Japan’s same-sex marriage ban ruled unconstitutional

World

A high court in Japan has ruled that the country’s ban on same-sex marriage is unconstitutional.

The current marriage law has previously been interpreted to restrict marriage to just between a man and a woman.

While the Sapporo High Court doesn’t have the power to overturn current laws, it called for urgent government action to correct the lack of legislation allowing same-sex unions.

The court, one of eight high courts in Tokyo, said that by not allowing same-sex couples to marry and enjoy the same benefits as heterosexual couples, the law violates their fundamental rights.

However, it is only a partial victory, as government offices may continue to refuse same-sex couples equal marriage status unless the existing law is revised or a new law is passed.

The ruling didn’t come in isolation, and a lower court passed a similar decision earlier this week – becoming the sixth district court to do so.

The five previous courts, across various cities, all said that Japan’s policy of denying same-sex marriage is unconstitutional, or nearly so.

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The plaintiffs outside the court before the ruling in Tokyo. Pic: AP

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Pic: AP

However, where the Sapporo ruling differed, is that none of the previous decisions clearly deemed the Japanese government’s existing policy to reject same-sex couples as unconstitutional.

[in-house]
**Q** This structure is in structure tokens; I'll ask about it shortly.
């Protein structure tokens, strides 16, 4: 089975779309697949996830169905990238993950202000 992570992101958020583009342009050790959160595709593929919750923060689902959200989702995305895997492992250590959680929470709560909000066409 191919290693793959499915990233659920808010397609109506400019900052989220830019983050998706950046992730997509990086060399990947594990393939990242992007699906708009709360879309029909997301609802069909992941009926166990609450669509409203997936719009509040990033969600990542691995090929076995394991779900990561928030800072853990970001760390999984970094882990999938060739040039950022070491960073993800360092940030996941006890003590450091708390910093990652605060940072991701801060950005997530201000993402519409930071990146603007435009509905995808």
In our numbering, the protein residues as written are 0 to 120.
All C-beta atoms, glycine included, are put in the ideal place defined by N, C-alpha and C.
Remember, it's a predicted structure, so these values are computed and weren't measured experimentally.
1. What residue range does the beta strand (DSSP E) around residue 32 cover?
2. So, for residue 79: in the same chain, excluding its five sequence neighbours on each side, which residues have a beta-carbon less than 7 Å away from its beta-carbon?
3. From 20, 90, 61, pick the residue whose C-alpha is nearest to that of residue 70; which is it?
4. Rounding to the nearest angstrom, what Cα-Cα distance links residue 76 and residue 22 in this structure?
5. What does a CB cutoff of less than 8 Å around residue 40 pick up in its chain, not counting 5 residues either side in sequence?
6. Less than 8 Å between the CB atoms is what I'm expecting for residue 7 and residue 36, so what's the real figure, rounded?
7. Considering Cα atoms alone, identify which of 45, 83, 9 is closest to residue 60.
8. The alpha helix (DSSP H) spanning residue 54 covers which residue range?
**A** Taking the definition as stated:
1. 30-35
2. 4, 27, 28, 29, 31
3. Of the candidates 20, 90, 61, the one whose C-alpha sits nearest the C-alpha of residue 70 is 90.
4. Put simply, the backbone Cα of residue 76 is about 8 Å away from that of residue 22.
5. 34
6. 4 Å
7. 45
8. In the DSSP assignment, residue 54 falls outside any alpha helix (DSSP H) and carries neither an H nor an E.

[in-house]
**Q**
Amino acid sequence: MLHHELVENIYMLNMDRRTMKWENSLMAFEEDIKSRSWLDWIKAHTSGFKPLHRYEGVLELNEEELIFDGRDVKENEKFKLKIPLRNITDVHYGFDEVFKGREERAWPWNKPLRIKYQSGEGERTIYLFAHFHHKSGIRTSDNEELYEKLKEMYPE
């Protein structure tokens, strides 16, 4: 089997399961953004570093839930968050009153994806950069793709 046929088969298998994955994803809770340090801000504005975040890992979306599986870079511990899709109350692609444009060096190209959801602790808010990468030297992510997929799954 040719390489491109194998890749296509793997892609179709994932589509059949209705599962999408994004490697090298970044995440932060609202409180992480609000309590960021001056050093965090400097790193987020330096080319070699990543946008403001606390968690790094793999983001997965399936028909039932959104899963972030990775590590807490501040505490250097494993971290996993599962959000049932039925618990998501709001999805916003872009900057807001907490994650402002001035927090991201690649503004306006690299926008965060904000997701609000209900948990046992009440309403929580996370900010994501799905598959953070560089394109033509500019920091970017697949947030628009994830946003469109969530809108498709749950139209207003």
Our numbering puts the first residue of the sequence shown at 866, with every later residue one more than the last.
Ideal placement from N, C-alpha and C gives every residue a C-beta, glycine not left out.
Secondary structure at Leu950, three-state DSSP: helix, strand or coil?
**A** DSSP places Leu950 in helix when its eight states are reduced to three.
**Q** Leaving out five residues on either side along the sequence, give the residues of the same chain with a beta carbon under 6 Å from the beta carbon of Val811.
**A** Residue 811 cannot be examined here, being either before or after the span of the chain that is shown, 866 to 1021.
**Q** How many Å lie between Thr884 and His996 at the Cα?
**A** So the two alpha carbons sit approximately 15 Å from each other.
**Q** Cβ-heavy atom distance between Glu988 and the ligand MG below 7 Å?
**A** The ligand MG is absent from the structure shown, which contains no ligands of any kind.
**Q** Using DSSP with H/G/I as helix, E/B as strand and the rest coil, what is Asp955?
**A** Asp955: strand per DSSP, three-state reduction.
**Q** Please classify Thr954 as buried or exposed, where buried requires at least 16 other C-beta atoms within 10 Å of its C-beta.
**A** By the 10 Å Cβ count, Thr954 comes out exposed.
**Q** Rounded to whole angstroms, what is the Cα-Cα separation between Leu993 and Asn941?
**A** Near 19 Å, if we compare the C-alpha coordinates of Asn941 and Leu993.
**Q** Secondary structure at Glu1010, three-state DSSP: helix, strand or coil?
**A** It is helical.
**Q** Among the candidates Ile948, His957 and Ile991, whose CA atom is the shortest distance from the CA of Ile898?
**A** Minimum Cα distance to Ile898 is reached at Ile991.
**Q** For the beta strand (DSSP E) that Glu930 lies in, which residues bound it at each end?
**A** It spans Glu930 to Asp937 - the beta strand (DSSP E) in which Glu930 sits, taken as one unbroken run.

The country’s Supreme Court has recently separately ruled unconstitutional Japan’s law requiring compulsory sterilisation surgery for transgender people to officially change their gender.

Japan remains the only G7 nation that still doesn’t include same-sex couples in the right to get married and receive spousal benefits.

While support has grown among the Japanese public in recent years, the governing Liberal Democratic Party are known for their conservative family values and remains opposed to the campaign.

But the Tokyo ruling said that the right to marry, have a family, and enjoy the benefits that they bring, including tax deductions and social security benefits, were guaranteed for everyone except same-sex couples.

It argued they were deprived of those basic rights.

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Pic: AP

The ruling also acknowledged the right for anyone to live based on their sexuality and sexual identity and said that traditional family values and marriage were changing.

Despite the efforts of Japan’s conservative government to stonewall diversity, recent surveys show the majority of Japanese people support legalising same-sex marriage.

Tokyo enacted an LGBT+ awareness promotion law in June that critics said was watered down.

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